One inescapable fact remains: Without meaningful reform, paying down these liabilities would cost the average American household an additional $1,385 in taxes every year for the next three decades. […]Consider Pennsylvania: The Keystone State’s ongoing pension reform debate is a microcosm of the larger national pension problem. Today, the state faces a $47 billion unfunded pension liability—that’s $9,000 owed per household. And this debt tsunami is picking up speed; A 2010 law artificially caps pension contributions and hides stock market losses for a decade. By 2018, the state pension debt will rise to $65 billion, a staggering $13,000 owed by each Pennsylvania family.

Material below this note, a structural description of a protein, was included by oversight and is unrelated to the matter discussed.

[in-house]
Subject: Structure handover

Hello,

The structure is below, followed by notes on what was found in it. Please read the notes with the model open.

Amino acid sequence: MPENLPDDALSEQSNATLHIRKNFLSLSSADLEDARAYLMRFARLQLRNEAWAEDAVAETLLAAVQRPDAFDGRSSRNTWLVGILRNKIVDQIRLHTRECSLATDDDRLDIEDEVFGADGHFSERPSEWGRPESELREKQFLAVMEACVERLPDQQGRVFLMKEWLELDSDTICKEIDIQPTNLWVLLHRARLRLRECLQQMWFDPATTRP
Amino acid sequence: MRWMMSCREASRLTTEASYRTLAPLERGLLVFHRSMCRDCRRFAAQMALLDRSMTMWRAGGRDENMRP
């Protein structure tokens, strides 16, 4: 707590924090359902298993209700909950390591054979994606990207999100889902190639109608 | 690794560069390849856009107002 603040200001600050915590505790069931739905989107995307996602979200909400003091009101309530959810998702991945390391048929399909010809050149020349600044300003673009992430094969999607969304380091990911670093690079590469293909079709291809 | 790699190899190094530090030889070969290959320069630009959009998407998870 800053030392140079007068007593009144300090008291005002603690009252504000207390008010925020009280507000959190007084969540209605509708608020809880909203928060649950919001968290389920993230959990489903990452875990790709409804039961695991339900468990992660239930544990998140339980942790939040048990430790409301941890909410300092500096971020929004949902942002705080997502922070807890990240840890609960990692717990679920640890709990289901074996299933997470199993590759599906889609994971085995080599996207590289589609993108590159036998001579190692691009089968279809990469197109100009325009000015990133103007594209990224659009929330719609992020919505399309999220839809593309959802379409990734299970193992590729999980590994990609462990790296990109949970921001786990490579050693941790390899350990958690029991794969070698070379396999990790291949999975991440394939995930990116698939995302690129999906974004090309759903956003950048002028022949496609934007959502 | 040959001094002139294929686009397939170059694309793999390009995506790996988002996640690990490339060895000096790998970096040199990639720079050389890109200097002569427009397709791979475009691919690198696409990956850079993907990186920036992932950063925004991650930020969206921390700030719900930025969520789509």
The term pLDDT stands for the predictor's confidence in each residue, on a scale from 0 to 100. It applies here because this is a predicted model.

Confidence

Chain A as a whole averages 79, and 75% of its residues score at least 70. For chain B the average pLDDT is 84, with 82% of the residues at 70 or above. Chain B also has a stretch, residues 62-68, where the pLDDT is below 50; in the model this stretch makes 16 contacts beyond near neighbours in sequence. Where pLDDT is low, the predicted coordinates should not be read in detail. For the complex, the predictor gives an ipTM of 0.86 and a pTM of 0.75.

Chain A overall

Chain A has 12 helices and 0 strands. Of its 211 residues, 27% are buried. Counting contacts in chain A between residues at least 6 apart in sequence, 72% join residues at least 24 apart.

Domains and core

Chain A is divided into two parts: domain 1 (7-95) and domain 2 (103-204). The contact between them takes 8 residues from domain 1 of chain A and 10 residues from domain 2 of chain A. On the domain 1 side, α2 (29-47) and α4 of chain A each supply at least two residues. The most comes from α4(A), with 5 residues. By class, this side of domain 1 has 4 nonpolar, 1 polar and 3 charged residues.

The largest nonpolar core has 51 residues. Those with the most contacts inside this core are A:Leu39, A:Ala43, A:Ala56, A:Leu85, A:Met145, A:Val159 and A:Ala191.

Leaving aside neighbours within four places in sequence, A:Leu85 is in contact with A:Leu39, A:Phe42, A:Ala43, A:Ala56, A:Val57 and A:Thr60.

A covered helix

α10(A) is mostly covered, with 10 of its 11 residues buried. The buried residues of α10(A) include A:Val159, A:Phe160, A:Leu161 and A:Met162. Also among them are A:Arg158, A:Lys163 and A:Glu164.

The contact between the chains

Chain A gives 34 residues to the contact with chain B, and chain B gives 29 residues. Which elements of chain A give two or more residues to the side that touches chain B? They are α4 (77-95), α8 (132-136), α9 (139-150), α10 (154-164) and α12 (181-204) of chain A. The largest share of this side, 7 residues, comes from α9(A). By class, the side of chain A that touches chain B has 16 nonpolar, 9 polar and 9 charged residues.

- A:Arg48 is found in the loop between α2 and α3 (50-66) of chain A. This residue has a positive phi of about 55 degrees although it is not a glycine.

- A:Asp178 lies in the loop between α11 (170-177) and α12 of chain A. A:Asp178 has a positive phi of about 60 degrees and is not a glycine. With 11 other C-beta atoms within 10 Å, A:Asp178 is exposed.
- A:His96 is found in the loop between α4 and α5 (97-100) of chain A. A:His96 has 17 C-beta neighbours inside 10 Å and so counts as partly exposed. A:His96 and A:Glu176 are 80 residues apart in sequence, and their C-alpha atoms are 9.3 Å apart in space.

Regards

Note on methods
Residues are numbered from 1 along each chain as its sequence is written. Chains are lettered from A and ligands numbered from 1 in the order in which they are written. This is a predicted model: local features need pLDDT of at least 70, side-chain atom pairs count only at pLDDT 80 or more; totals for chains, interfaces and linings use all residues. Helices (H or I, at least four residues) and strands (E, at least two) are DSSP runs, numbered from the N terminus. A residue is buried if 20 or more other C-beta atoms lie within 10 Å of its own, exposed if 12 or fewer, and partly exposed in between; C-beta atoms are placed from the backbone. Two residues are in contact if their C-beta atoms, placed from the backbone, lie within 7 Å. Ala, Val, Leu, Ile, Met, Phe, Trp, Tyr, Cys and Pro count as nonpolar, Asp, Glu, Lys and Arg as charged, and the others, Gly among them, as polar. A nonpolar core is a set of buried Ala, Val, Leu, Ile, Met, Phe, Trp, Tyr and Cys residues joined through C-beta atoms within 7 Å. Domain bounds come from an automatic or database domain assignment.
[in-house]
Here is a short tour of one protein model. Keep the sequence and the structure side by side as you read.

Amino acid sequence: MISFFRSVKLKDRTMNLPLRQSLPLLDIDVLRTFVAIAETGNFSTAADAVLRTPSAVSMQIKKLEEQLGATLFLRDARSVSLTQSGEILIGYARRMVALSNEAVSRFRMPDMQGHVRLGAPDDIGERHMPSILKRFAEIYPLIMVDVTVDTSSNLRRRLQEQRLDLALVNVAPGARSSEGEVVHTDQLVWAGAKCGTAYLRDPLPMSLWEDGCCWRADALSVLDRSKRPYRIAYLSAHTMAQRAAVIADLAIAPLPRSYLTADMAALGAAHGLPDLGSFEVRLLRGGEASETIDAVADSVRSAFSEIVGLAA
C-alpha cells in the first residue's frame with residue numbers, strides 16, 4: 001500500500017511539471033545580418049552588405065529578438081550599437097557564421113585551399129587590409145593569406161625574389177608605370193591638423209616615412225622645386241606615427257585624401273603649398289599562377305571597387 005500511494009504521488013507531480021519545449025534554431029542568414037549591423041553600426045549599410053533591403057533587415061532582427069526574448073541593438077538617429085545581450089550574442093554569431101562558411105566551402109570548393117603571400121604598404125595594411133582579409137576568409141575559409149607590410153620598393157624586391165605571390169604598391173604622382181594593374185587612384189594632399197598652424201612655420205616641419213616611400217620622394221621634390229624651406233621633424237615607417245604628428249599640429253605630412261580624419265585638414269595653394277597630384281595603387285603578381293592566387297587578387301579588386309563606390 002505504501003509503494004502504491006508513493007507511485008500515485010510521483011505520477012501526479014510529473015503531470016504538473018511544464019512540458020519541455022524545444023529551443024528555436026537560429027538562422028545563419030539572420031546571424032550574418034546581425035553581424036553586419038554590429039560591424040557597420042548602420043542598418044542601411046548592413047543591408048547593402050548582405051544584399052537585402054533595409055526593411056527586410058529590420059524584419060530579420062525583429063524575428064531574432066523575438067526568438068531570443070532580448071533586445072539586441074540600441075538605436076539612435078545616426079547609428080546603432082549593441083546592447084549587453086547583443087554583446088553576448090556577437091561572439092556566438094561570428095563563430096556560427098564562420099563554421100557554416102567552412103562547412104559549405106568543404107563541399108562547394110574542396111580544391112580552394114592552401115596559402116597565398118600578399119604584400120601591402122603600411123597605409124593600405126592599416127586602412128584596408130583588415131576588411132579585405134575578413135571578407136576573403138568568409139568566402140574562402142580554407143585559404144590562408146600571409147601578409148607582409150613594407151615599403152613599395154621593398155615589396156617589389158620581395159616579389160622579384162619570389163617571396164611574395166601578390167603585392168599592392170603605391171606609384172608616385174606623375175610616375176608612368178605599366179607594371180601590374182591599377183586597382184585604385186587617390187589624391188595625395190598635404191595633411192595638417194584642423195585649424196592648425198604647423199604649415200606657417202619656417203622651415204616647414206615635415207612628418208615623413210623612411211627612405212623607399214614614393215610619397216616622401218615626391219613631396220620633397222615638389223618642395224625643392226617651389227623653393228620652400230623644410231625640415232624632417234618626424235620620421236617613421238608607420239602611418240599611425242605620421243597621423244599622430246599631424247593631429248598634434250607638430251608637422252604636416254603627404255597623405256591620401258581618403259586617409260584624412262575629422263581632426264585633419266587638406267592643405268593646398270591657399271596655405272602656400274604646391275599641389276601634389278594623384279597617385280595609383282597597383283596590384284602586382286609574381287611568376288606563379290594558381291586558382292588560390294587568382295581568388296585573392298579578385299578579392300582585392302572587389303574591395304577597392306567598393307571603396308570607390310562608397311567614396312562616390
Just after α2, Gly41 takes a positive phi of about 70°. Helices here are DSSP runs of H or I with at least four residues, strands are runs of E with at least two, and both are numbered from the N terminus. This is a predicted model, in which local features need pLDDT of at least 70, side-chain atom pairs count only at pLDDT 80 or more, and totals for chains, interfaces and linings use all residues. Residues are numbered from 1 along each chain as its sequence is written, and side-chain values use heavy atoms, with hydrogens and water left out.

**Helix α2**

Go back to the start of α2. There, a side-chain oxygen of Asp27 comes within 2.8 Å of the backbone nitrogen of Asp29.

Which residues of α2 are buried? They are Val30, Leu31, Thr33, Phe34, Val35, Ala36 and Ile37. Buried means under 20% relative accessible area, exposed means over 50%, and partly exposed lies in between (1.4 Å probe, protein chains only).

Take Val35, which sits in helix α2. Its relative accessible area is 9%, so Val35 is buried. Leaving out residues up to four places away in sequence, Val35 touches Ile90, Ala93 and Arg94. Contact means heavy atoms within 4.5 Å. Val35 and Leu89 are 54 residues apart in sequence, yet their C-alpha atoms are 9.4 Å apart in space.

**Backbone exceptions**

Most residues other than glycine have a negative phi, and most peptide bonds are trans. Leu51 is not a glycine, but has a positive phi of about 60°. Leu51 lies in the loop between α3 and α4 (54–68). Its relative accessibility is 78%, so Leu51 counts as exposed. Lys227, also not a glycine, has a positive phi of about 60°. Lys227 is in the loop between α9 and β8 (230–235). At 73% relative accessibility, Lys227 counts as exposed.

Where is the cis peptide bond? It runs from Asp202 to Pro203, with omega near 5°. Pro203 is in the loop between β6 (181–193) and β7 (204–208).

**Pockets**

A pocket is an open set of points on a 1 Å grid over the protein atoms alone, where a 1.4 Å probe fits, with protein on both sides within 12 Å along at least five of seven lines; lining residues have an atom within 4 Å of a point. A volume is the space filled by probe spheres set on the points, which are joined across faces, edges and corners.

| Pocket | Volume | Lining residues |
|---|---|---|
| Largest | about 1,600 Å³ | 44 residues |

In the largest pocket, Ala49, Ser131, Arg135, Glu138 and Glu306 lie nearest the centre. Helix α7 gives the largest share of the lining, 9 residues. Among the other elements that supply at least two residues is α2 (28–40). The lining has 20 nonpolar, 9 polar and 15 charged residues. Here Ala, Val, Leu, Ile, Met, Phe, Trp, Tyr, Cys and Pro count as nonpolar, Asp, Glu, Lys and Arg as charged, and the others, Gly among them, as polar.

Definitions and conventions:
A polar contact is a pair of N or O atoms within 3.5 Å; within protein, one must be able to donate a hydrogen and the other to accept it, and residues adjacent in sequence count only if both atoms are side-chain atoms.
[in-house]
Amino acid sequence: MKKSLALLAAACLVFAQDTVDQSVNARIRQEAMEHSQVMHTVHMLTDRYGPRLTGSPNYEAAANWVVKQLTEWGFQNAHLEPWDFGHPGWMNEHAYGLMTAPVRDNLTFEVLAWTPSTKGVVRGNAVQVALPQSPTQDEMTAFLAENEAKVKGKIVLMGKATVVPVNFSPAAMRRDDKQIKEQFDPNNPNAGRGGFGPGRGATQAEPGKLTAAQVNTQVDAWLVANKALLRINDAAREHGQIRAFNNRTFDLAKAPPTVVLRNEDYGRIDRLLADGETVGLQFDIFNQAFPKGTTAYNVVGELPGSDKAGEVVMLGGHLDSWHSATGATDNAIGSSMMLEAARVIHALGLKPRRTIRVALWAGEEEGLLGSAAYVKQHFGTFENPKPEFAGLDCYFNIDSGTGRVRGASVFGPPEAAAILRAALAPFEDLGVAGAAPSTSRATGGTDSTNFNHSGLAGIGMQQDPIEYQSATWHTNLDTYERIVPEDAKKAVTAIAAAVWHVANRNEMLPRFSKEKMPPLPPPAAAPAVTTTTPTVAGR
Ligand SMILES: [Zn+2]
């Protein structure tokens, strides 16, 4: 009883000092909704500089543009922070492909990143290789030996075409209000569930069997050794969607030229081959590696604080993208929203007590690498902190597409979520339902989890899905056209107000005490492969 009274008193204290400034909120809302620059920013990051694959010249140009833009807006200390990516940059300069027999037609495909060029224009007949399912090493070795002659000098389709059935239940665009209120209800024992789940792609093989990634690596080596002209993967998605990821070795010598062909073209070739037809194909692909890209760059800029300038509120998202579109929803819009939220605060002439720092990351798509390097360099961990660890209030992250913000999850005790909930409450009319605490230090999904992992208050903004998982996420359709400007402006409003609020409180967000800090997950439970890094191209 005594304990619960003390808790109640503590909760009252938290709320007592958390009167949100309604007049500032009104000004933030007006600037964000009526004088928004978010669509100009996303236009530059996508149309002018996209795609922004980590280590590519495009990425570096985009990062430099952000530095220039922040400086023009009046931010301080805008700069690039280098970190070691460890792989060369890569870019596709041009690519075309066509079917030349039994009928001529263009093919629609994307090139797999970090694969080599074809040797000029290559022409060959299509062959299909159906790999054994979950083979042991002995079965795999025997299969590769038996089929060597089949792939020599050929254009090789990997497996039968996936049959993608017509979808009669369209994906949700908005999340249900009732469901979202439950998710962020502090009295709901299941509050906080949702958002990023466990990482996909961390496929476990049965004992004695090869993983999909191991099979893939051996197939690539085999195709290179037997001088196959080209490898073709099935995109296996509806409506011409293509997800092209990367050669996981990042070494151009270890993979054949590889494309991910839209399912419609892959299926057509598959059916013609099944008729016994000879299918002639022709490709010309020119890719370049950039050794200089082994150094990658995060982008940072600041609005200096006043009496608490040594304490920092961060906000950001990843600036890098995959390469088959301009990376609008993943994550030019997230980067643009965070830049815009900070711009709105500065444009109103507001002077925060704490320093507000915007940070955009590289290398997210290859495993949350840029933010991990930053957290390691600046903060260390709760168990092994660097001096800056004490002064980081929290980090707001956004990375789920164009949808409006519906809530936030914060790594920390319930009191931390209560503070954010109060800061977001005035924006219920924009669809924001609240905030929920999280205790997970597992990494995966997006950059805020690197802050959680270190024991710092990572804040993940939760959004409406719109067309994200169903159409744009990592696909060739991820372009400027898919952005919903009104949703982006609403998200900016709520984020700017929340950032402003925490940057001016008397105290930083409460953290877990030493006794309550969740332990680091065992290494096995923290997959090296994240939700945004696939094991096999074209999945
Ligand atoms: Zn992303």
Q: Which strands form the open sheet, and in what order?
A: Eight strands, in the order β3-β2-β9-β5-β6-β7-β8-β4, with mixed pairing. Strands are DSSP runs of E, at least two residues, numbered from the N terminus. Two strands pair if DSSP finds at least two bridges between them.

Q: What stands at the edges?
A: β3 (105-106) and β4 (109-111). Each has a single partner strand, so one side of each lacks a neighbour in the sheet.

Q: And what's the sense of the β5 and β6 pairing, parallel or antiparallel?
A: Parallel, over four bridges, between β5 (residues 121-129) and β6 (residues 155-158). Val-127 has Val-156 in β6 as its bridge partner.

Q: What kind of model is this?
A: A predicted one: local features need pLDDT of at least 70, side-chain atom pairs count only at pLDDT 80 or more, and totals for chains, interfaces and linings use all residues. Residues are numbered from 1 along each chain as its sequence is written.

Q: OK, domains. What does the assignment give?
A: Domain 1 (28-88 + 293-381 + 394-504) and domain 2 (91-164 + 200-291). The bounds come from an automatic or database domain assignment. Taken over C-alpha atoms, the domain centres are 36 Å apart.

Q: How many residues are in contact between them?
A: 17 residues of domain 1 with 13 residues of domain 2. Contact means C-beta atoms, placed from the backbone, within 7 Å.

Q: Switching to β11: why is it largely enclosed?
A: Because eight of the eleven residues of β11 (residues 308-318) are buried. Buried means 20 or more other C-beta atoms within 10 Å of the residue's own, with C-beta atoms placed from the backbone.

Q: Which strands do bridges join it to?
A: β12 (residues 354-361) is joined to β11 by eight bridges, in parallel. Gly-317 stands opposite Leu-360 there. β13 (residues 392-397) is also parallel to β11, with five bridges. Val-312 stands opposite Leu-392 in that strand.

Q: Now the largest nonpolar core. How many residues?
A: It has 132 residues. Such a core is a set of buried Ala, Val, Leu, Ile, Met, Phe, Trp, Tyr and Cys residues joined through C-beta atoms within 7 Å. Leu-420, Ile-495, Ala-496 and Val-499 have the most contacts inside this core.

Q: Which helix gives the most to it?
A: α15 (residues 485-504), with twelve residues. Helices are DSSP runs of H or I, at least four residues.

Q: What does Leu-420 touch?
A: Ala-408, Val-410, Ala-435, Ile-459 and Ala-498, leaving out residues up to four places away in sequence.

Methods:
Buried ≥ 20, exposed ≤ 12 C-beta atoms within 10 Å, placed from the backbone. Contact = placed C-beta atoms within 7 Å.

Pennsylvania Governor Tom Corbett (R) is one of the Governors leading a charge to change his state’s defined-benefit system to a defined-contribution one modeled on the 401(k). We’re not sure this is the panacea that will finally get “politics out of pensions” for good, as Benefield predicts, but removing the ability of lawmakers to pile on benefit after benefit for years while leaving it to their successors to pay the bills would go a long way toward helping public workers, taxpayers, and state finances.The big losers in this shift would be public employee unions, who would lose some ability to bargain for better benefits. But what’s bad news for unions isn’t necessarily bad news news for union members, who after all are the ones who suffer most when states and cities can’t afford to pay out pensions as promised.[American piggy bank image courtesy of Shutterstock]